SOTHEBY’S IS BECOMING DEAD MEAT NO MATTER WHAT THE PR

 

Sotheby’s

Sotheby’s private sales have dropped by 61 percent in 2014’s third quarter, according to a US Securities and Exchange Commission filing, falling from $390.4 million to $153.5 million. This is unwelcome news given that in the first half of the year they tumbled 48 percent.

For consignors, private sales are a discreet alternative to an auction, where an artwork can publicly flop and get tarnished in the marketplace. For Sotheby’s, private sales offer diversification and have been a longtime source of growth.

In the decade ending in 2013, Sotheby’s private sales quadrupled to $1.2 billion. It hired executives and specialists to oversee them and opened dedicated galleries in New York, London, and Hong Kong. But so far this year, the value of private transactions as a proportion of total sales has dipped to 11 percent from 19 percent in 2013.

Chief financial officer Patrick McClymont tried to accentuate the positive in a conference call yesterday with analysts. He cited a 69 percent increase in the number of private transactions. Although there are fewer “high-value” items—defined by chief executive William Ruprecht as properties above $10 million, both executives insist private sales remain “relevant.”

“We tend to focus on the flow,” Ruprecht said, “so we think of it as a growing and reaffirming point of relevance in the business.”

McClymont said, “We do believe long-term our brand is super relevant in private sales and our expertise is super relevant.”

The decline hurt an otherwise solid quarter that sent the stock up 5 percent yesterday to $41.45. But with shares down 28 percent from their 2007 peak, the priority for the auction house appears to be staging blockbuster auctions, even at the expense of private sales.

“Christie’s and Sotheby’s profile depend on what goes up at auction,” said Stephane Connery, a private dealer who ran Sotheby’s private sales until 2012. “As a private sales person in the auction business, you have a lot of pressure from your colleagues to feed the auction.”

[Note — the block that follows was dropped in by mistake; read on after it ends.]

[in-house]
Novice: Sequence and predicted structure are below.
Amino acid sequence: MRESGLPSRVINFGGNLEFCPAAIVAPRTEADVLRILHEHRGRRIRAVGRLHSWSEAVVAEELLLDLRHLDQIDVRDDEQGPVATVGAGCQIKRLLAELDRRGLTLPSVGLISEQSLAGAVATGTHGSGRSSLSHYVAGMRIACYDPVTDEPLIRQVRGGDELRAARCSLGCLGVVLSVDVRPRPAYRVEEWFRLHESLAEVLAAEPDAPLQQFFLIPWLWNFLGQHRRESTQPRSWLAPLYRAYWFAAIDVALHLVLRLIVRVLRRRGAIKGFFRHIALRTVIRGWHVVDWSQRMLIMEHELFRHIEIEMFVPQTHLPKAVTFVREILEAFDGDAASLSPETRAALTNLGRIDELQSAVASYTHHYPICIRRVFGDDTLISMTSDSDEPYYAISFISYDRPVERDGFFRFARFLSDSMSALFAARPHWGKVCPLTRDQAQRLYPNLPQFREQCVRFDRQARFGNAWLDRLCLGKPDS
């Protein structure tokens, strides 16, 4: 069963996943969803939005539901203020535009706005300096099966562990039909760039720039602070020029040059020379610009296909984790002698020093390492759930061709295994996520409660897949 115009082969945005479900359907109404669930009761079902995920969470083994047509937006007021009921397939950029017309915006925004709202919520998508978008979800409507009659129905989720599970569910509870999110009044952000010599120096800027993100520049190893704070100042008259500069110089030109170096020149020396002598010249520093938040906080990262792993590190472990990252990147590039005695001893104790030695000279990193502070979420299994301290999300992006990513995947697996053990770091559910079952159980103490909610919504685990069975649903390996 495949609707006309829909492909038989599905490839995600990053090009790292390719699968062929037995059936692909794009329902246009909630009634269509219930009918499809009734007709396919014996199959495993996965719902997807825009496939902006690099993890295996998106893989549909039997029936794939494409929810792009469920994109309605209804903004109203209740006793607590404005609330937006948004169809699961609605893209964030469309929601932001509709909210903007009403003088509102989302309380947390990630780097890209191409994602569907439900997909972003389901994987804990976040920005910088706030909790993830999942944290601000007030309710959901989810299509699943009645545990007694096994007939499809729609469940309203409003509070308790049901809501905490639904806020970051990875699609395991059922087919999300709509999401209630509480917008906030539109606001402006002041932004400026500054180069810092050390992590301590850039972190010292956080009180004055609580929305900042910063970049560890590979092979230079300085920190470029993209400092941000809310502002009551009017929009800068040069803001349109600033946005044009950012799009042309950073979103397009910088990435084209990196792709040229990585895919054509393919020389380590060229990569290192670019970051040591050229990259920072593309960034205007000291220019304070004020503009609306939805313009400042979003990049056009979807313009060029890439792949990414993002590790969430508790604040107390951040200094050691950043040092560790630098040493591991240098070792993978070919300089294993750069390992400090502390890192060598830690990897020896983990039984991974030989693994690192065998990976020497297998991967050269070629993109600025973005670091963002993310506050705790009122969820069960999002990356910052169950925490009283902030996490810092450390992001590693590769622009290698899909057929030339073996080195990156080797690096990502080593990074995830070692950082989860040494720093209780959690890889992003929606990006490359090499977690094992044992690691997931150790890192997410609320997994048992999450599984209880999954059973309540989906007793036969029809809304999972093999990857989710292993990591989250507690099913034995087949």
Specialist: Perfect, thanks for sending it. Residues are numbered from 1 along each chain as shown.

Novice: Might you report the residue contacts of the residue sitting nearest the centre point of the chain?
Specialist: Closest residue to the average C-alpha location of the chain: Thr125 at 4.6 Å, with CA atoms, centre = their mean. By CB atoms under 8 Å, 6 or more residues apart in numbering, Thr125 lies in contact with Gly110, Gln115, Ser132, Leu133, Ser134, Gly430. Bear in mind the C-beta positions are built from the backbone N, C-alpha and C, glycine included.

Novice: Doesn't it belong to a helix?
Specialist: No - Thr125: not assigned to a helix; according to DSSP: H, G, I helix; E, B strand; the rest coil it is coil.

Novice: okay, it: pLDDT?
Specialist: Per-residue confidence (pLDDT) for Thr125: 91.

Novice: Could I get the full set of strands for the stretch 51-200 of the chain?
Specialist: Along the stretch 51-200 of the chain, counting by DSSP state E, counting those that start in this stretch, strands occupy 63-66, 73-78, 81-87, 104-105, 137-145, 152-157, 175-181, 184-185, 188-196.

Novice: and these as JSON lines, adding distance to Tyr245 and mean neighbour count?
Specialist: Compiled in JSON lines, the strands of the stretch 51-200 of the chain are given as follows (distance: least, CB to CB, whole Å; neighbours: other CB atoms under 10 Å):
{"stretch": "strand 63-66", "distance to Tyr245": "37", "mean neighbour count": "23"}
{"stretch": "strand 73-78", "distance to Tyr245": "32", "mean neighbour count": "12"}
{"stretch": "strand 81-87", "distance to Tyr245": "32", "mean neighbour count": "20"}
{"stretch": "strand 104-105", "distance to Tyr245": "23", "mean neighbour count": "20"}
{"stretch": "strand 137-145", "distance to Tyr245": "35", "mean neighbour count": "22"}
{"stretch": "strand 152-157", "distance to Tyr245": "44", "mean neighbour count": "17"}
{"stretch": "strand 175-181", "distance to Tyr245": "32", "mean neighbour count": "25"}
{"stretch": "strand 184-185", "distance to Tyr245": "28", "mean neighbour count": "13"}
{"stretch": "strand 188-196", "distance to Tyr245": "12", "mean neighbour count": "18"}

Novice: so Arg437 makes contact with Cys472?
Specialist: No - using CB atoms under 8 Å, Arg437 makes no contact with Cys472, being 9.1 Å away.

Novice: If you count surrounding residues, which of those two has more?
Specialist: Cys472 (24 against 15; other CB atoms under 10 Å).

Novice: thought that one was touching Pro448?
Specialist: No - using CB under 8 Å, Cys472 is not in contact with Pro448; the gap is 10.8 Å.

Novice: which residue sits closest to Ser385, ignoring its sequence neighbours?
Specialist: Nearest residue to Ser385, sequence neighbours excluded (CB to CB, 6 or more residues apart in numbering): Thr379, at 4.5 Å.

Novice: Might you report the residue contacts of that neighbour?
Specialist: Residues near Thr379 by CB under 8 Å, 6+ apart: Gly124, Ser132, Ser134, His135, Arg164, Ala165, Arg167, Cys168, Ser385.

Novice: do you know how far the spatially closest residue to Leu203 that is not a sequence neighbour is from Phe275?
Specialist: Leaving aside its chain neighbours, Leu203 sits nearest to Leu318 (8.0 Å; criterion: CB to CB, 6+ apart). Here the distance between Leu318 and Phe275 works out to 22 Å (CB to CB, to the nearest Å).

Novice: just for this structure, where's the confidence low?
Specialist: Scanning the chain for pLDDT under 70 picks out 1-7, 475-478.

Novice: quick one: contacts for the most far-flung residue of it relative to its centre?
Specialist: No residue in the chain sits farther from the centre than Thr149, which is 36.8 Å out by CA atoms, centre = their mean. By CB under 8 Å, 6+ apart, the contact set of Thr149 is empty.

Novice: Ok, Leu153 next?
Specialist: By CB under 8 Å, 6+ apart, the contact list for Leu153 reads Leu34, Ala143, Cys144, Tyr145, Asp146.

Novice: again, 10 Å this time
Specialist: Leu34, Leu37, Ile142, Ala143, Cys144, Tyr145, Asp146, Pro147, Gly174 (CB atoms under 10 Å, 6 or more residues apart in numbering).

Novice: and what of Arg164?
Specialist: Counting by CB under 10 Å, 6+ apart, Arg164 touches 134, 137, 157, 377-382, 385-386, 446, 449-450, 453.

Ruprecht said on the call that “a small number of trades” of pricey work affect private sales results. “It’s simply an impossible thing to predict how many very high-value transactions you’re going to have,” he said.

In a sign of the importance of private deals, Sotheby’s “incentive compensation” includes amounts specifically awarded to employees for brokering certain private sales, the filing says. For the three months ending in September, incentive compensation expenses fell by a third, to $2.6 million, “resulting from a decline in private sales commission revenues,” Sotheby’s said. As private sales commissions in the quarter dipped 52 percent to $12.4 million, they “largely offset” a $15.7 million increase in auction commissions.

Overall results were aided by cost-cutting and by $4.2 million in insurance that Sotheby’s recovered for expenses associated with its proxy battle against investor Daniel Loeb and the related litigation. Even with the reimbursement, Sotheby’s took a $20.1 million charge related to the fight. In addition to paying its own lawyers and advisers as part of a settlement, it agreed to repay Loeb $10 million for expenses he incurred. That’s not pocket change for the company, whose net income for the first nine months of the year was $44 million.

As for the private sales drop, Connery cautioned that three quarters doesn’t constitute an enduring trend. “It is bloody hard to come by great material,” he said, of securing work for private transactions. “Without the object you’re not going to do the trade.”

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